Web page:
Friday, February 15, 2013

Homestead Living: Cutting Ice

When temperatures hovered near zero degrees and the ice on the lake and on the Iowa river was thick, it was time to cut ice. Block ice, of course, was a necessity, and cutting a large quantity of ice and storing it properly were matters of great concern to the men of the community. On a day determined by the Okonomiebaas (agriculture boss) and the men in charge of the icehouse, the ice making would begin and continue for several days. Nearly every man in the village joined the effort. The teamsters were up early harnessing the horses and preparing the wagons outfitted with special sleighlike runners. A second group of men spent the morning straightening up the icehouse and readying it for the first load. The majority of men were taken by sleigh to the Lily Lake or the Iowa River. Generally, East Amana, Amana, and Middle Amana men cut ice on the Lily Lake. Homestead made ice on the Iowa River, but later the men of Homestead built a small pond near Homestead where ice could be cut closer to home. High Amana and South Amana crews cut their ice on the Iowa River, and West Amana men traveled upstream to a deep oxbow known as Watt's Pond.

It must have been a long day out on the flat with the wind blowing in your face and the ice underfoot and a lot of hard work to be done. As Carl Schuerer of East Amana put it, "That lake, in winter that was a pretty nippy place, I tell you. If we would have a wind like we had a couple of days ago, boy, you couldn't stand it up there. No, it was a cold place."

Seasons of Plenty, by Emilie Hoppe

Wednesday, February 13, 2013

Valentine's Day Holiday Menu 3

What is Valentine's Day without a sweet treat at the end? Here are some great recipes to get your mouth watering!

Strawberry Short Cake (Mrs. Marie Vawter) from the P.E.O. Cook Book

Take two cups sifted flour and two teaspoons baking power, sift and mix two tablespoons heaping full of cold butter through the flour and mix into a soft dough with sweet milk. Roll out and cover a large pie plate, spread with butter and roll another thick crust and butter well the inside of both layers. If strawberries are gritty, wash carefully and sprinkle with plenty of sugar and let them stand half an hour to drain the juice out before the short cake is baked. Fill immediately and serve hot or cold.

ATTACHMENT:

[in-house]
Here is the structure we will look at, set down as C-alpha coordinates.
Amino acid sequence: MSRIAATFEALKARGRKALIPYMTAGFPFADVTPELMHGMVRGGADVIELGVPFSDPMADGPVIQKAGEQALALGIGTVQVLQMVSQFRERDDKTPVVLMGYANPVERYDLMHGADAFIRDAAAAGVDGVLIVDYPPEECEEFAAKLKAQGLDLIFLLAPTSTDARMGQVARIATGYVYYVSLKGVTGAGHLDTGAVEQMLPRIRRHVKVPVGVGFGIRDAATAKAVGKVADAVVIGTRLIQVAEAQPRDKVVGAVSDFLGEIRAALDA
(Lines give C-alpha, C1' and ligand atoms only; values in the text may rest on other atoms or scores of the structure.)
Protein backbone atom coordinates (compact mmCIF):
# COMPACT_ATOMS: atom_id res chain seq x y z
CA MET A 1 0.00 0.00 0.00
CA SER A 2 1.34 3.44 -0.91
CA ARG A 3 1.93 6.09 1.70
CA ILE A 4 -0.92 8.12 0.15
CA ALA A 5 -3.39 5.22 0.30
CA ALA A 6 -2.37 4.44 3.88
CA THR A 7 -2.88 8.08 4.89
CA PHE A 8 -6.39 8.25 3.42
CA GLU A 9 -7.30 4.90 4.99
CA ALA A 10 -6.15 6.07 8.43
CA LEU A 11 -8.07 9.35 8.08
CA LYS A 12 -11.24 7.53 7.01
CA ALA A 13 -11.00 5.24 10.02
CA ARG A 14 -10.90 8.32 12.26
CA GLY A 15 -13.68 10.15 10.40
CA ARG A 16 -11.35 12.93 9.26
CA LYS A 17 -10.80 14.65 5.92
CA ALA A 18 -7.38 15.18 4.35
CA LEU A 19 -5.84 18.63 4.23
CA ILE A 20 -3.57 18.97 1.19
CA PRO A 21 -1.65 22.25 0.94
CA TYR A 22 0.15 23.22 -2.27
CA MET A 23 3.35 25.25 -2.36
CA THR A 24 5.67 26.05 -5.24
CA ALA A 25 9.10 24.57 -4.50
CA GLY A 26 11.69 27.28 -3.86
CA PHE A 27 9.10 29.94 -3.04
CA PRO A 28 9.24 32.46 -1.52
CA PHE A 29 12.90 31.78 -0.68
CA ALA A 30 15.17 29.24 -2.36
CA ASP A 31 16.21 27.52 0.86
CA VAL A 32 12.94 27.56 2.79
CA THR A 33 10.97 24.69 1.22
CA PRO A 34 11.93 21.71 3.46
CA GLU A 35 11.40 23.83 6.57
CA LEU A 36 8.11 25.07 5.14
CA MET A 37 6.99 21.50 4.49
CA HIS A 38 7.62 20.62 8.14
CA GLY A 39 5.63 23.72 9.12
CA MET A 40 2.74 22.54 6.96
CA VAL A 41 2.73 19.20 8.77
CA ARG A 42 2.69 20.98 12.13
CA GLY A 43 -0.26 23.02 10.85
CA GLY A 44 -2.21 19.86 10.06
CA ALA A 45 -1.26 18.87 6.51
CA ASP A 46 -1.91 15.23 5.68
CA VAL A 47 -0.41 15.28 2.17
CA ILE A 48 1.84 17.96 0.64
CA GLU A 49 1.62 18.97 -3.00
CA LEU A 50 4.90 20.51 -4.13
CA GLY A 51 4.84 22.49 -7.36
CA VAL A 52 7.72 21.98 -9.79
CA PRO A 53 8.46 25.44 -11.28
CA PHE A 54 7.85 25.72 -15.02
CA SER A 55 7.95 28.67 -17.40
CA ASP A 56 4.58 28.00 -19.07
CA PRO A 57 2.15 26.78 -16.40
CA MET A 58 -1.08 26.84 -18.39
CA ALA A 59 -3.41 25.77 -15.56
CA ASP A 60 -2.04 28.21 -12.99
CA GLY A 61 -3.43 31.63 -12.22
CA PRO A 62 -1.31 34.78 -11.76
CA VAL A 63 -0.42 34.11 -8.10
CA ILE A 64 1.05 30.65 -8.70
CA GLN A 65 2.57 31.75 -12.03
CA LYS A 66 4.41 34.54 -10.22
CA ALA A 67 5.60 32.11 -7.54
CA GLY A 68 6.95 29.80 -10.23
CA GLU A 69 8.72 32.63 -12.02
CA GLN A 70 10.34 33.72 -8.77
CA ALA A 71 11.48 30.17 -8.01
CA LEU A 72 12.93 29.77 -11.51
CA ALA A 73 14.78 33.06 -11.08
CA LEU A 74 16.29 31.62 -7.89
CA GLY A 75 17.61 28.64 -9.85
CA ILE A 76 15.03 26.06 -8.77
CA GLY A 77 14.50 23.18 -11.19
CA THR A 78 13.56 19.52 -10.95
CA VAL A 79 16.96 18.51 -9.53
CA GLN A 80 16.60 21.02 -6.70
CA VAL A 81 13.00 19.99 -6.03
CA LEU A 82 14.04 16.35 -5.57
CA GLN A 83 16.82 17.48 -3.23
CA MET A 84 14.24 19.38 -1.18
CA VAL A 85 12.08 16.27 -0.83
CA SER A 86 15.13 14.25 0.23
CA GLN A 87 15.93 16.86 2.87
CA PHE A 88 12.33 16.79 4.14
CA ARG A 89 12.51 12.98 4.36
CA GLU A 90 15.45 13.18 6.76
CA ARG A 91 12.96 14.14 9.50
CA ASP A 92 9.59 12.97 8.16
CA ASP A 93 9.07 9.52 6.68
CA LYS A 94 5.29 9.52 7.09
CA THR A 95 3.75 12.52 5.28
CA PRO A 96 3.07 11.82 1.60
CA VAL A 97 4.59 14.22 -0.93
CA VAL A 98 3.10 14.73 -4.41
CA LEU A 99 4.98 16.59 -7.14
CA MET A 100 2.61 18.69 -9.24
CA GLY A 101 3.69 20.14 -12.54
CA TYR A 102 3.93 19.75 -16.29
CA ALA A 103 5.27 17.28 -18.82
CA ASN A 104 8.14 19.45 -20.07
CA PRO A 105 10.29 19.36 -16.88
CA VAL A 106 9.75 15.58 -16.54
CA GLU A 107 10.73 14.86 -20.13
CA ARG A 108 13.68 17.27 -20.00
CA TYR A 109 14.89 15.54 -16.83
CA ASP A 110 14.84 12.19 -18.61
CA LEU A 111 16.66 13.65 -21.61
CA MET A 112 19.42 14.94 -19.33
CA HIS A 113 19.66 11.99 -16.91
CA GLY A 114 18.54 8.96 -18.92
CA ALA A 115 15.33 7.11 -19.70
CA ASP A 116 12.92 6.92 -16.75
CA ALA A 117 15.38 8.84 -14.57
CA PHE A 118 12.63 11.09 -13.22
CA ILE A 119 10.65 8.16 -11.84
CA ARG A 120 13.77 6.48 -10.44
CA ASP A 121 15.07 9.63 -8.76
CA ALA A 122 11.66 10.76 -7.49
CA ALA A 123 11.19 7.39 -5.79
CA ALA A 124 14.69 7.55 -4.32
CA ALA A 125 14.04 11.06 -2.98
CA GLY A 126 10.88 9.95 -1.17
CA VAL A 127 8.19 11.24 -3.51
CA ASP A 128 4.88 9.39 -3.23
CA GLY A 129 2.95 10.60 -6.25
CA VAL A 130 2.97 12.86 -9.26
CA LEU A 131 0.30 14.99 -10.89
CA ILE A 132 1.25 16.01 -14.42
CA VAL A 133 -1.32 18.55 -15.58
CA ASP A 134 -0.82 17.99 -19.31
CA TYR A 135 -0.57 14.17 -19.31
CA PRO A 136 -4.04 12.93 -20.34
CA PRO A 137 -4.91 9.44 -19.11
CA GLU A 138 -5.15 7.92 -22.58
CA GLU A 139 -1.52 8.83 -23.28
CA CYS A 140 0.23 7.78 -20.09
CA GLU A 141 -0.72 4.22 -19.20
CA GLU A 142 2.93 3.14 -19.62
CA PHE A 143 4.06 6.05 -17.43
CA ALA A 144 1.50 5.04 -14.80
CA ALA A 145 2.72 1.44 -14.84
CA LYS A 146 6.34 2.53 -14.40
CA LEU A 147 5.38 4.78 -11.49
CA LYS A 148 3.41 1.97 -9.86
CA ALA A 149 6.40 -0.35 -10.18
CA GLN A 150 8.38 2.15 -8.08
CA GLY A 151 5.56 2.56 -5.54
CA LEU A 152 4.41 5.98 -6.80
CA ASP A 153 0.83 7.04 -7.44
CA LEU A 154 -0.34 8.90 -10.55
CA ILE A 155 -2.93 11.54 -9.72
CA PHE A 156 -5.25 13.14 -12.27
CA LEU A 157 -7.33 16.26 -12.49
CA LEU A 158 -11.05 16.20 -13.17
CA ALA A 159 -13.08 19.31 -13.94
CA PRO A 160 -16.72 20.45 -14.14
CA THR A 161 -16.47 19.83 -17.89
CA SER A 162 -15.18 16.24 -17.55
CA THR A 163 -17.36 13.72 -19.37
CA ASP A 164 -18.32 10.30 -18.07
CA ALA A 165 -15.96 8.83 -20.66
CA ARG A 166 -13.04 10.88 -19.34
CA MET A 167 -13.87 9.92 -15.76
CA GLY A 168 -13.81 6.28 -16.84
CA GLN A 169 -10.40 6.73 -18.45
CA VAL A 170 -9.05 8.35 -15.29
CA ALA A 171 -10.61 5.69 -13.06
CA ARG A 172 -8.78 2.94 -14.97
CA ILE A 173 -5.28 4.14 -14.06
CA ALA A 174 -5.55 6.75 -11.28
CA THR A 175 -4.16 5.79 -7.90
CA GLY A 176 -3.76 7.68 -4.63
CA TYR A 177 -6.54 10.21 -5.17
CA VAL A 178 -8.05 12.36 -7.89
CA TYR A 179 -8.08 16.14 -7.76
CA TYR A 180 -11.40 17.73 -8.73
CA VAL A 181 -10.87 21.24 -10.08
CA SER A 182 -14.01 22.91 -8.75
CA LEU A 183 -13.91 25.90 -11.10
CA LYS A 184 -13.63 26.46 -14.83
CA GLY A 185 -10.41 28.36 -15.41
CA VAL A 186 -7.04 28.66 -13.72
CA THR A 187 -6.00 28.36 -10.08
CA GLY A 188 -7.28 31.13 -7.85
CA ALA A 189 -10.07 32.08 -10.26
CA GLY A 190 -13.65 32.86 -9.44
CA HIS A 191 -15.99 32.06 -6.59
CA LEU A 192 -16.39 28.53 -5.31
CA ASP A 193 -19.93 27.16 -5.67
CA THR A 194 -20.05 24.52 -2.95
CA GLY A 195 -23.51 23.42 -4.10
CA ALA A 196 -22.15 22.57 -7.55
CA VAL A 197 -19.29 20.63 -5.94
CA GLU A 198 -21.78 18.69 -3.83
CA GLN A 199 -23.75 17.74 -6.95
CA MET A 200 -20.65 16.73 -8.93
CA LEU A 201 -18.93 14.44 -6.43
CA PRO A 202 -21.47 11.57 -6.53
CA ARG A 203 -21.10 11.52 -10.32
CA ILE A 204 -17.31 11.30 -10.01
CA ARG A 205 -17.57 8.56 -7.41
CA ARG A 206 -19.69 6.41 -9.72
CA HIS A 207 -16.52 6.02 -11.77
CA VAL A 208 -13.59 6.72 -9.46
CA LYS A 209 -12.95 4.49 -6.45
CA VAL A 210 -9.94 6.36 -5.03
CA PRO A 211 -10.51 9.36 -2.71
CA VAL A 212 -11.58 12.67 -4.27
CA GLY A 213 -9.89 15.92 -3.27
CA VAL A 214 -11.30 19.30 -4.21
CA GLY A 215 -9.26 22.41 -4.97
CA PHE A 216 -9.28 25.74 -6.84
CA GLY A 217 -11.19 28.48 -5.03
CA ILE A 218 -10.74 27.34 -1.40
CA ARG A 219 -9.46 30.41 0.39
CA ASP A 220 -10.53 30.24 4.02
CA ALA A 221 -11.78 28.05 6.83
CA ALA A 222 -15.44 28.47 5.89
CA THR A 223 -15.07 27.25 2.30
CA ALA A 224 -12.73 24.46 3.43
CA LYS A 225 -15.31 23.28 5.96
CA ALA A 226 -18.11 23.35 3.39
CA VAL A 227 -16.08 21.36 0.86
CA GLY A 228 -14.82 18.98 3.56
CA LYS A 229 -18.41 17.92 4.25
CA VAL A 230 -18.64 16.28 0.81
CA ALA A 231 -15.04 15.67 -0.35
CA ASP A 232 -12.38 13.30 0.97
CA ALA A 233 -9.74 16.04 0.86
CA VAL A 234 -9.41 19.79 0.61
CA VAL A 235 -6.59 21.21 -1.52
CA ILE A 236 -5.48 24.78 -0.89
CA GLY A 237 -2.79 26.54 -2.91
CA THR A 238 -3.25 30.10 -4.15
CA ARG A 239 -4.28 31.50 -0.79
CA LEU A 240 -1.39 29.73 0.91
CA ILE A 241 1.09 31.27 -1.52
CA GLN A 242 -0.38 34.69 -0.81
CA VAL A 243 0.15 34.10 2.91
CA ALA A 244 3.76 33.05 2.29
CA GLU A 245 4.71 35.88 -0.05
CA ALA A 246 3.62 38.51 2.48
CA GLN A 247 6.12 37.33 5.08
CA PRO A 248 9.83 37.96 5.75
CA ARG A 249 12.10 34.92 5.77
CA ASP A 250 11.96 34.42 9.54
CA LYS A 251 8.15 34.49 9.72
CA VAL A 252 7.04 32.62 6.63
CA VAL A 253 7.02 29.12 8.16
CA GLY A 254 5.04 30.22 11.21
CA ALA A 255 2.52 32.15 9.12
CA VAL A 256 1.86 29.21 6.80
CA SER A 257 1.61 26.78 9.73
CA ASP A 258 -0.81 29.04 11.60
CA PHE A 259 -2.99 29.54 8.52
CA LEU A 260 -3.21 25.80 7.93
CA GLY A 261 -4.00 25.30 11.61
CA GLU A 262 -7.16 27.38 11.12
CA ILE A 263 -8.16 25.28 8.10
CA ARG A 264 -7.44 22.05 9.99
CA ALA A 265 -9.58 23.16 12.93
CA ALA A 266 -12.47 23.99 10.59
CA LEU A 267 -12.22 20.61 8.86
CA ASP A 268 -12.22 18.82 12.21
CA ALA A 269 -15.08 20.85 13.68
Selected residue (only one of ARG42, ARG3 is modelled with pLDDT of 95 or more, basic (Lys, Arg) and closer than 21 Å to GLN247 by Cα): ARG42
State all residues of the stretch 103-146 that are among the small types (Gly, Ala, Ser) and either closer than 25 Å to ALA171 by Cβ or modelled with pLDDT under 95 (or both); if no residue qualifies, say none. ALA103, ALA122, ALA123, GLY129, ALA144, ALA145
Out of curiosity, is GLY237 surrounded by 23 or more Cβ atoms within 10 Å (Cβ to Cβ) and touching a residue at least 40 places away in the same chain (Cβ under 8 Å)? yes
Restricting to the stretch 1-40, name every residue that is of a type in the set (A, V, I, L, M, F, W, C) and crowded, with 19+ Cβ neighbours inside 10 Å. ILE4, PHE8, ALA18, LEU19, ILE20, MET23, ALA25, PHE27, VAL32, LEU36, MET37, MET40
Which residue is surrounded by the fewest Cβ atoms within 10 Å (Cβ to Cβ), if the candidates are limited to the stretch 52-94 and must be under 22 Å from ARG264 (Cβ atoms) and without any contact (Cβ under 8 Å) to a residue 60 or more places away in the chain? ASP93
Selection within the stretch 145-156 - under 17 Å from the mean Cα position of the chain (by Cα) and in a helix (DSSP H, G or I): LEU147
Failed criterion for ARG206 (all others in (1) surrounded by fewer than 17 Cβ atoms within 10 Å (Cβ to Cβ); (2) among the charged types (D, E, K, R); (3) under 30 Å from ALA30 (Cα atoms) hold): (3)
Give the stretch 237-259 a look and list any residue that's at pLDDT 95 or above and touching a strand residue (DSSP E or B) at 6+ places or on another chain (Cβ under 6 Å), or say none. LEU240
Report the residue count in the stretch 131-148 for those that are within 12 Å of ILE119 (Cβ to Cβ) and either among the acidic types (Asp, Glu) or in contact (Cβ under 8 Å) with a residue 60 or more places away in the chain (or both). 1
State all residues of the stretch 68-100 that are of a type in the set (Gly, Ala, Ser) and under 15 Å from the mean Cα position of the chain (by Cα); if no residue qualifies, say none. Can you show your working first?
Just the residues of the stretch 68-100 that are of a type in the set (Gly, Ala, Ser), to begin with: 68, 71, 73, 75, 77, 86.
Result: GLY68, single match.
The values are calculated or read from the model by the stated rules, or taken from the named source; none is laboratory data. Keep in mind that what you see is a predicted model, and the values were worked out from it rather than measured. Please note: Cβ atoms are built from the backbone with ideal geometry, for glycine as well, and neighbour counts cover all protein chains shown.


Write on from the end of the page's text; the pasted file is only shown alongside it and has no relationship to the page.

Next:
Lebkuchen, Honey Cookies (makes about 5 dozen) from the book Seasons of Plenty

1 tablespoon baking soda                                         2 eggs
3 tablespoons whiskey                                             1 1/2 pounds flour
2 cups honey                                                            Vanilla frosting
1/2 pound (1 cup and 1 tablespoon) sugar

Preheat over to 350 degrees.

Dissolve soda in whiskey. In a very large mixing bowl, stir together dissolved baking soda and whiskey, honey, and sugar. Stir until foamy. Add eggs, beating well after each. Then slowly add flour. A soft dough will form. Cover and set bowl in a cool place or refrigerate overnight.

Turn out a portion of the dough on a floured board. Kneading the dough is very important to the quality of the finished product, so take your time and knead until the dough feels springy and light, but not dry. Roll into 1- to 2-inch-thick ropes. Cut ropes into 2- or 3-inch-long pieces and place on a greased baking sheet.

Bake 10 minutes. Cookies should be golden brown, oval shaped, and about 1/3 to 1/2 inch thick. When cool, frost with vanilla frosting.

P.E.O. Cook Book (Souvenir Edition), edited by David E. Schoonover

Seasons of Plenty, by Emilie Hoppe

Monday, February 11, 2013

Valentine's Day Holiday Menu 2

Make your special someone a delicious meal with these recipes from the University of Iowa Press's P.E.O Cook Book, originally published in 1908:

Baked Ham (Mrs. Erma Geist, Joliet, IL) 

Select a thick ham weighing fourteen pounds, scrape trim, cover with fresh, cold water, let soak over night. In the morning, drain and dry; prepare a thick dough by mixing flour and water together, roll out to one-half inch thickness and enclose ham in it, wet the edges and press them firmly together; place ham in a large dripping pan and bake slowly in a moderate oven from four to five hours, remove from oven and break off shell and skin, trim off any ragged portions, stick fat side with whole cloves in diagonal rows an inch apart, grate the crumbs of white bread thickly over this surface and return ham to oven until a golden brown. Slip a paper frill on the knuckle and serve hot. Ham cooked in this way is cooked in its own juices and is very delicious and no waste.

Perfection Salad (Mrs. G. W. Baxter)

One-half package gelatin, one-half cup cold water, one-half cup vinegar, juice of one lemon, one pint boiling water, one-half cup sugar, one teaspoon salt, two cups celery in small pieces, one cup shredded cabbage, fine, one-fourth can sweet red peppers cut fine. Soak gelatin in cold water two minutes, add vinegar, lemon, water, sugar and salt; strain and add other ingredients. Mold and chill. Serve on lettuce leaves with mayonnaise dressing or dice and serve in peppers.

P.E.O. Cook Book, edited by David E. Schoonover